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Rev Prat. 1994 Jan 15;44(2):178-82.

[What remains of gout in 1993?].

[Article in French]

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  • 1Service de rhumatologie du Pr Bourgeois, hôpital de la Pitié, Paris.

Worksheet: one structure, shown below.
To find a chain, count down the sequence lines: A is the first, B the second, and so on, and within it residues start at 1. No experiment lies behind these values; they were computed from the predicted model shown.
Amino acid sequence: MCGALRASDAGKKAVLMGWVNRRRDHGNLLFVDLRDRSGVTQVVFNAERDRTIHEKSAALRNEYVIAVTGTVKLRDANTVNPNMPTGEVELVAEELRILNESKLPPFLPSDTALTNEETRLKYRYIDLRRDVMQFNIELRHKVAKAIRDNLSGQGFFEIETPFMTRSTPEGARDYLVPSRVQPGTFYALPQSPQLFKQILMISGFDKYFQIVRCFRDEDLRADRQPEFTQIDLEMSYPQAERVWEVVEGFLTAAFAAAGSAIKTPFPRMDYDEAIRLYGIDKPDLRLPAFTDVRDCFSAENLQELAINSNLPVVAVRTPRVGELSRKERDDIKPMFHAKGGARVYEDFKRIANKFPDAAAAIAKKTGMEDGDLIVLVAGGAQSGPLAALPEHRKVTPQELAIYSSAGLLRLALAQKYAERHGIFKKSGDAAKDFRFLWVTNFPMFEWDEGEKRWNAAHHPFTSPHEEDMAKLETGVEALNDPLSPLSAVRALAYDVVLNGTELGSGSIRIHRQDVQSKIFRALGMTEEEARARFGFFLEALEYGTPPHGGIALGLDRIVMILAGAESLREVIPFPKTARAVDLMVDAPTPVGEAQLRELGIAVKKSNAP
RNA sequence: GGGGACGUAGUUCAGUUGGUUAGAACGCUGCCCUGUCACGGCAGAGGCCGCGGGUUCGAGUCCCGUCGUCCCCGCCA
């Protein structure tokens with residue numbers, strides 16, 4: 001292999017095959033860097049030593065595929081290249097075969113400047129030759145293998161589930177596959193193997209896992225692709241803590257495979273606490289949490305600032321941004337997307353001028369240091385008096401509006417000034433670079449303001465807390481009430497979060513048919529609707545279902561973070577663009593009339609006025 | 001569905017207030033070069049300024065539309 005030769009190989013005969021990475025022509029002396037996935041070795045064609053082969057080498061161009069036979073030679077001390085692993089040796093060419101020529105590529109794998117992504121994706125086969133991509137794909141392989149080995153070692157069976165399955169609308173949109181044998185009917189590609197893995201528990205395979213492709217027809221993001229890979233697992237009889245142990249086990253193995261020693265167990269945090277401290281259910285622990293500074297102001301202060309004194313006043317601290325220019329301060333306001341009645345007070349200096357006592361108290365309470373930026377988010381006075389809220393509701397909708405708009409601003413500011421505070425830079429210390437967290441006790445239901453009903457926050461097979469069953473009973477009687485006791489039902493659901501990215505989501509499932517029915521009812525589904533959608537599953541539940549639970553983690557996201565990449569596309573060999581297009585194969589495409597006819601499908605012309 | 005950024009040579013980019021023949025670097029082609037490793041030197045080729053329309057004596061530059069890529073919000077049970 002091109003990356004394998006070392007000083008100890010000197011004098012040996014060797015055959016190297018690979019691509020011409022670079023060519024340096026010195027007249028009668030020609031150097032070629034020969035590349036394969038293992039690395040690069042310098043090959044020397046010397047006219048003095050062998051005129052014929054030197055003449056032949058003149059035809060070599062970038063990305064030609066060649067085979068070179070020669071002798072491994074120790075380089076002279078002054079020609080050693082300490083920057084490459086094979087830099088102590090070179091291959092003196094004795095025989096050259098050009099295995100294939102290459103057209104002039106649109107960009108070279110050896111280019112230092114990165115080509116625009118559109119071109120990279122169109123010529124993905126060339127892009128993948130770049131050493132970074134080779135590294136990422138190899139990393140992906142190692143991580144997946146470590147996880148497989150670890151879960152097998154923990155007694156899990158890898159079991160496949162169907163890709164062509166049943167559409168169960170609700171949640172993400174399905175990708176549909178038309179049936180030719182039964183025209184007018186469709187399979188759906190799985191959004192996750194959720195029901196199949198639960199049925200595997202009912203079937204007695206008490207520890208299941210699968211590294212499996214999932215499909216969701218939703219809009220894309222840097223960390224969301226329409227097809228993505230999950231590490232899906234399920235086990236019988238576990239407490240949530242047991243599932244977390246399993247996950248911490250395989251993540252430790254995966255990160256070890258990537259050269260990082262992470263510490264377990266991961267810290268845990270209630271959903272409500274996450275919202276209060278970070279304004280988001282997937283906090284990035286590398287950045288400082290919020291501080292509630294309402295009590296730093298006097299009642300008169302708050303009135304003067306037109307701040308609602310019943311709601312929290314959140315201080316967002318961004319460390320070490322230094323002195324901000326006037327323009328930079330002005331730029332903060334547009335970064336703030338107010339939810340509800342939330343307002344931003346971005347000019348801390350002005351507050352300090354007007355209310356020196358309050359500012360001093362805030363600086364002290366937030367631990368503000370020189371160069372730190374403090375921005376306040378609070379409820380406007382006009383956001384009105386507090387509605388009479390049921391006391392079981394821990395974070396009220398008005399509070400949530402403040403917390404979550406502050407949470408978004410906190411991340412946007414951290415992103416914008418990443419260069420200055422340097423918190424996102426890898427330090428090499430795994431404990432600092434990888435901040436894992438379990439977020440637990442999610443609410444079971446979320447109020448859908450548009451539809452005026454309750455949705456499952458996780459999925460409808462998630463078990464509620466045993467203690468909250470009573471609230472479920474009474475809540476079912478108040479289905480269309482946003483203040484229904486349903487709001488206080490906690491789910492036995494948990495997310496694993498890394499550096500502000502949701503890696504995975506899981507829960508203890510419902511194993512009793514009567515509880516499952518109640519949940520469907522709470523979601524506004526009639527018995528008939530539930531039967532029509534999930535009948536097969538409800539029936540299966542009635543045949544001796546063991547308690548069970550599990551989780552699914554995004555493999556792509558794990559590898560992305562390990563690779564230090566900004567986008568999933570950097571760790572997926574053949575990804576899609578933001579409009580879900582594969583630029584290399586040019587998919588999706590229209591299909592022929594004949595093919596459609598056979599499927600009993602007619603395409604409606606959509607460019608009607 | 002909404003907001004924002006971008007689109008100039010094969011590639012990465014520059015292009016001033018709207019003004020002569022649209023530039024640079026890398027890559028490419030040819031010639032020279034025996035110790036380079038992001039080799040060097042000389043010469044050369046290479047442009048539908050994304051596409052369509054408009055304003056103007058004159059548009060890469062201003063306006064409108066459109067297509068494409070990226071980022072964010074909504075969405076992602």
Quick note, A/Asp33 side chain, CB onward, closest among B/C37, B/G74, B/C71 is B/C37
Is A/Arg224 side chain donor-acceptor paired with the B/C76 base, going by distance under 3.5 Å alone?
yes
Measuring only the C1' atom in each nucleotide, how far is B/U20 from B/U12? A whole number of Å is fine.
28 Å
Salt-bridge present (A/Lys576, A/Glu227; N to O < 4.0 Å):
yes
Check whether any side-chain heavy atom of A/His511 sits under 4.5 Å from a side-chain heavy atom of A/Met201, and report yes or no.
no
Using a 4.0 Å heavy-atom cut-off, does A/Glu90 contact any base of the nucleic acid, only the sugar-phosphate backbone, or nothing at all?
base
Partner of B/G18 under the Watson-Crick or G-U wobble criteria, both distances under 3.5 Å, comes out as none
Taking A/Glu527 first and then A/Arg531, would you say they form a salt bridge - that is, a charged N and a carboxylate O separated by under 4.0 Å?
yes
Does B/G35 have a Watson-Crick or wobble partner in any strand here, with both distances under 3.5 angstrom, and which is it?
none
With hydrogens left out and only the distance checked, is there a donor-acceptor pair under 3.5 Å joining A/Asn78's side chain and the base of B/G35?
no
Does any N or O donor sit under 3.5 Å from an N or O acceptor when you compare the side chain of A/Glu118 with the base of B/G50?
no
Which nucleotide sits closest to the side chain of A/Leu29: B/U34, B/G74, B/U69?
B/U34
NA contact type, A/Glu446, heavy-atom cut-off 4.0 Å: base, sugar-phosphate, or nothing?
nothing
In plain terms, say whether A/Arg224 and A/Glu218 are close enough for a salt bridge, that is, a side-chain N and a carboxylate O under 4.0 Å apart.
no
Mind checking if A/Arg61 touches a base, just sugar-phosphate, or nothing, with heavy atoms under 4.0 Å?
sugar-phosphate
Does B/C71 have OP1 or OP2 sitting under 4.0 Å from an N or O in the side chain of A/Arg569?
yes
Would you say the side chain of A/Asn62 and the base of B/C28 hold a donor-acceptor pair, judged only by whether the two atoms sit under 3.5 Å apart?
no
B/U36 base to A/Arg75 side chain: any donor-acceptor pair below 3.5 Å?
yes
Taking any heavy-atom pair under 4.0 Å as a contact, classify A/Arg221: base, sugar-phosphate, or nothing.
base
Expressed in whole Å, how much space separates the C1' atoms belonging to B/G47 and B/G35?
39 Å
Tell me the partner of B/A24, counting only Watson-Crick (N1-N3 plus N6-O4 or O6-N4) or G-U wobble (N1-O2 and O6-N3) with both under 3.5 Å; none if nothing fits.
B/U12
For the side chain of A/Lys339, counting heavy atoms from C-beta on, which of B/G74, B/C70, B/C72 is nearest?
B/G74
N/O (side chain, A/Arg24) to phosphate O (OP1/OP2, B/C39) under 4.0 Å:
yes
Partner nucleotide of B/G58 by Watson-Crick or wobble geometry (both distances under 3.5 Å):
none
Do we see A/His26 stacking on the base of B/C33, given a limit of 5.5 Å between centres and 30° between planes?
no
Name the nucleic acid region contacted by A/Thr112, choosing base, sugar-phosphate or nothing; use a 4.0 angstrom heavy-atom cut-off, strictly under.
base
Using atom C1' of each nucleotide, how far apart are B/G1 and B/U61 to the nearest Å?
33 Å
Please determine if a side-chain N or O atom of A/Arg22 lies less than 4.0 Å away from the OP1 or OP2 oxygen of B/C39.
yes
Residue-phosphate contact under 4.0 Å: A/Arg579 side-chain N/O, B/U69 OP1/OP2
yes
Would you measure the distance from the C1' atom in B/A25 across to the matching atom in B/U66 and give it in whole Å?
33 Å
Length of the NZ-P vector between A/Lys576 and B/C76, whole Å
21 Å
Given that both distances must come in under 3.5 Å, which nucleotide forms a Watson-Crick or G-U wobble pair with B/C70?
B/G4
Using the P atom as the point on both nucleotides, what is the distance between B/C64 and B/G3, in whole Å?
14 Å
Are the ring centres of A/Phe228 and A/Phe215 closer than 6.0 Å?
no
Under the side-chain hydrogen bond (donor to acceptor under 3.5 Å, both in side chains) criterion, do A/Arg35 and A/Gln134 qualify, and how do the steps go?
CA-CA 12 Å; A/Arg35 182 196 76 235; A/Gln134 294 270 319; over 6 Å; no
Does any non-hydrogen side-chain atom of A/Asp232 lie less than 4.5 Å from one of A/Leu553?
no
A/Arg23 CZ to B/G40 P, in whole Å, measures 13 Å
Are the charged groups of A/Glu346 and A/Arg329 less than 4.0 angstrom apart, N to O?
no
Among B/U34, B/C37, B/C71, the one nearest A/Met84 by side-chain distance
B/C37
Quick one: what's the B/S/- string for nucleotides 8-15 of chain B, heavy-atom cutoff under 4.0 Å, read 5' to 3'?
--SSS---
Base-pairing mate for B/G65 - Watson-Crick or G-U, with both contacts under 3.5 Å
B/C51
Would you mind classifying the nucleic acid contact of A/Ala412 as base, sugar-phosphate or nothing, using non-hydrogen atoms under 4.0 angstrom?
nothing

Gout is a disease caused by deposits of sodium urate crystals in tissues. This disease, already known of Hippocrates, is now due to new causes, notably iatrogenic, and has new clinical forms. The typical initial attack usually occurs in men in their fifties and affects the big toe; in the absence of treatment it evolves towards chronic tophaceous gout. When gout occurs in subjects younger than 30 years, these must be investigated for enzyme deficit which is usually partial. The incidence of gout in women is ever increasing, being encouraged by treatments with diuretic drugs. Gout is often atypical, affecting predominantly the hands and with rapid development of tophus. In transplanted patients other drugs, such as cyclosporin, may induce an early, polyarticular and tophaceous gout. Alcohol is a facilitating factor of hyperuricaemia. Disturbances of metabolism, such as hyperlipidaemia, obesity or arterial hypertension, are often associated with hyperuricaemia. With an early and well-conducted treatment the passage to chronicity and the occurrence of complications can be avoided.

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